While exiting from a Cessna 182, this wingsuiter’s bootie got caught on the step and he was unable to reach up and release the tension to clear the snag and free himself. The pilot, alone in the plane and unable to release the controls, signaled a suggestion to the jumper – that he use a hook knife to cut apart his wingsuit. The jumper began doing so but grew tired and had to largely focus on staying alert and conscious. After 45 minutes the wingsuit tore and he fell away from the plane. Unfortunately, his arms were completely asleep and his torn suit was covering his handles so all he could do was arch, wait for his AAD to deploy his reserve, and look for a landing area.
“The battery in my camera died shortly into the situation. The result was the wingsuit tearing in half after 45 minutes, and automatic activation device (AAD) deployed the reserve parachute. I landed safely in a small backyard and walked away unharmed.”
Why did it happen
Arguably, wingsuit exits are a bit more complex than normal skydiving exits – they require different form, different priorities, and different considerations. Most skydivers aren’t worried about making sure their wings are closed, worrying about a tail strike, and fighting the urge to jump as they exit. However, those additional factors aren’t an excuse to paying attention to your equipment and the plane.
How could it be prevented
This incident came down to one simple factor: the jumper forgot to pay attention to potential snag points. When exiting any aircraft – regardless if you’re a belly jumper, a swooper on a low pass, or a wingsuit pilot – you always need to pay attention to your environment and avoid anything that could snag your equipment. For wingsuiters, who obviously have a lot more fabric on them that could potentially get caught on something, that reality is even more important.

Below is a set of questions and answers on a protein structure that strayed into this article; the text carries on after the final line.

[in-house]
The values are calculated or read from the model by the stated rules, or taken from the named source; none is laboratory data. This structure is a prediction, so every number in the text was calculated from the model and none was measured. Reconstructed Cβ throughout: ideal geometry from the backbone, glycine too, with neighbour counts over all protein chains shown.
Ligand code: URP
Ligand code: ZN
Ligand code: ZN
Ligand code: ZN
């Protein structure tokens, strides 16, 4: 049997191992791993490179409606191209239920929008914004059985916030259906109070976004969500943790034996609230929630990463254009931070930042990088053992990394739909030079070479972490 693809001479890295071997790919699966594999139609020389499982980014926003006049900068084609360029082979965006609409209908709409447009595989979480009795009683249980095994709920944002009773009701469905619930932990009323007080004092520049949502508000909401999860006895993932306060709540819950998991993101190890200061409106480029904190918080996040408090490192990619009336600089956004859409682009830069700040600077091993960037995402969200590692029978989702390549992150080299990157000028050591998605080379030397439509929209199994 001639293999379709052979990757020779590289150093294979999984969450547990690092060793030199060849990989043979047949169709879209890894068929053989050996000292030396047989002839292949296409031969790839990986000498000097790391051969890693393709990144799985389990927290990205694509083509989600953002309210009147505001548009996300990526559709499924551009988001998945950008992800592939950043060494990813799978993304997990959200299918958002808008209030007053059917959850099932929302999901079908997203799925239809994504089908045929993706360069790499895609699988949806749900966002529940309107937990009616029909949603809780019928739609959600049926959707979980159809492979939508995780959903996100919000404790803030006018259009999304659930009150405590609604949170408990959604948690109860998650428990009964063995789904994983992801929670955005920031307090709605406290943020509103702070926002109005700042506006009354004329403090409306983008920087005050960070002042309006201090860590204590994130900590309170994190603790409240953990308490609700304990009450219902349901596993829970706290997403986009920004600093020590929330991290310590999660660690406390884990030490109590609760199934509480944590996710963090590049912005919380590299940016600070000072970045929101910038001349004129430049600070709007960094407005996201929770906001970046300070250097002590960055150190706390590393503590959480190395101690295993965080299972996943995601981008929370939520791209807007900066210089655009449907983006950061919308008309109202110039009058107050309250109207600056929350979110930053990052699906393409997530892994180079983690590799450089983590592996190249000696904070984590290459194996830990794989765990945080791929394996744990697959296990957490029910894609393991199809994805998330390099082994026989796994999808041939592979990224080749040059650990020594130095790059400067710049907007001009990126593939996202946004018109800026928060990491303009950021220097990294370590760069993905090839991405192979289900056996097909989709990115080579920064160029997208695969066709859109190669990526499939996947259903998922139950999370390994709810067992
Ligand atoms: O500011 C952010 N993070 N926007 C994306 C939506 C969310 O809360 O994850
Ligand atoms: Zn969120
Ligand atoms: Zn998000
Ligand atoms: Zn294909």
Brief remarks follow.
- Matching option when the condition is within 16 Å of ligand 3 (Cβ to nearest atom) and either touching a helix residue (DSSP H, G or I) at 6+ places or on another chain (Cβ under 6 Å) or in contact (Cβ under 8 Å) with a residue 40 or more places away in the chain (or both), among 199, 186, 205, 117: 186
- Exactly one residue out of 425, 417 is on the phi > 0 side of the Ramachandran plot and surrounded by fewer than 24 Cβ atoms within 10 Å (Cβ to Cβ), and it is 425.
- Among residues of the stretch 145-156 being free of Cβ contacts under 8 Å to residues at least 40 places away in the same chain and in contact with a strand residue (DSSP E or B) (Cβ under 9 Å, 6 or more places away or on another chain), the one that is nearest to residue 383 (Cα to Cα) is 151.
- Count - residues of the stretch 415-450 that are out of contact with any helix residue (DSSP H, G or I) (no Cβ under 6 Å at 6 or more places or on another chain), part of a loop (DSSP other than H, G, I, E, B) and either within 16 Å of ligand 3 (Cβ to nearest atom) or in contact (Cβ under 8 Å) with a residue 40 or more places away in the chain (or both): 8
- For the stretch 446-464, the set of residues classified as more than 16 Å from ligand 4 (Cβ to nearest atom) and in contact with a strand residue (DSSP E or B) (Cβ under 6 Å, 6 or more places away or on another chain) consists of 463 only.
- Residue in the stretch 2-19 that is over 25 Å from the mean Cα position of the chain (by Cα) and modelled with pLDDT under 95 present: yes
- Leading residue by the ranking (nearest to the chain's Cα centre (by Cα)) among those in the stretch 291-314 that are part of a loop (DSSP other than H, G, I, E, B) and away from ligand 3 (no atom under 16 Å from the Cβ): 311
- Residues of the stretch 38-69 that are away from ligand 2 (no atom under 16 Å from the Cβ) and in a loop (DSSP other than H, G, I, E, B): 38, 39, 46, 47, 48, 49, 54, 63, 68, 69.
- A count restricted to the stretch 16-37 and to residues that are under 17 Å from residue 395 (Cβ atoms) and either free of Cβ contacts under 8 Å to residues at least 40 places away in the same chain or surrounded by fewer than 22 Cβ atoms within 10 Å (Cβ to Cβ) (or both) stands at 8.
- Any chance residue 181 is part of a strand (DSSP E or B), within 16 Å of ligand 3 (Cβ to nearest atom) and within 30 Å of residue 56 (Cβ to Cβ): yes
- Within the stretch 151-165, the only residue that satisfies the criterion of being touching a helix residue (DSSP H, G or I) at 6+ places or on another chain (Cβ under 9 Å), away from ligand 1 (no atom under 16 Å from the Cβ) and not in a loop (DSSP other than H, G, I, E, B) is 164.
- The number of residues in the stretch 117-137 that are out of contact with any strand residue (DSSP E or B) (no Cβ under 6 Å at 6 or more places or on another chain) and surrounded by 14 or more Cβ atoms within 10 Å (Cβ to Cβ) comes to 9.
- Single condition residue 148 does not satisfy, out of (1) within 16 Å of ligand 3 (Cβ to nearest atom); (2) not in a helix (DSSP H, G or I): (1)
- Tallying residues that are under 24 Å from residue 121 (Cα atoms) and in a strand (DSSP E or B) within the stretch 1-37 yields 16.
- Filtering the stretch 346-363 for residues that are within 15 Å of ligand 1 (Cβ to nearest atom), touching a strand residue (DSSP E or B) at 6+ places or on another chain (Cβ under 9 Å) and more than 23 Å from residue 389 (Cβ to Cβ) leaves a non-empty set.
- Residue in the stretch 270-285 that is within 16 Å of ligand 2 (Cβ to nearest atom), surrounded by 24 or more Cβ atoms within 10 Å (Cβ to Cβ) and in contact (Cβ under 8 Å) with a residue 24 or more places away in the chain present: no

The pilot in this video was pretty heads-up, telling this jumper to get their hook knife out and start going to town on the suit. That being said, the jumper had a hard time getting the job done. This brings up two points.
- First, do you know where your hook knife is and is it part of your gear check? If not, we think this video underscores why those questions are important.
- Second, have you ever used a hook knife? Don’t go out and practice using the one you have on your gear because the hook knife on your equipment should be brand new and in pristine – sharp – condition; if you have a cheap flimsy one, consider an upgrade. However, if you are ever afforded the opportunity to try cutting through fabric using an old hook knife just to feel what it’s like, do so! (Safety Day idea?) It’s something that combat medics in the military do as part of training because cutting apart a combat uniform is not as easy as it looks.
Simply put, this video could have – and probably would have – been a fatality had this jumper not been using an AAD. His arms were completely asleep, so he couldn’t reach his pilot chute, and his handles were covered by the torn suit, so he couldn’t pull his reserve even if his arms were working. If you don’t jump with an AAD, this is the type of video that should leave you asking one question: ”Why not?”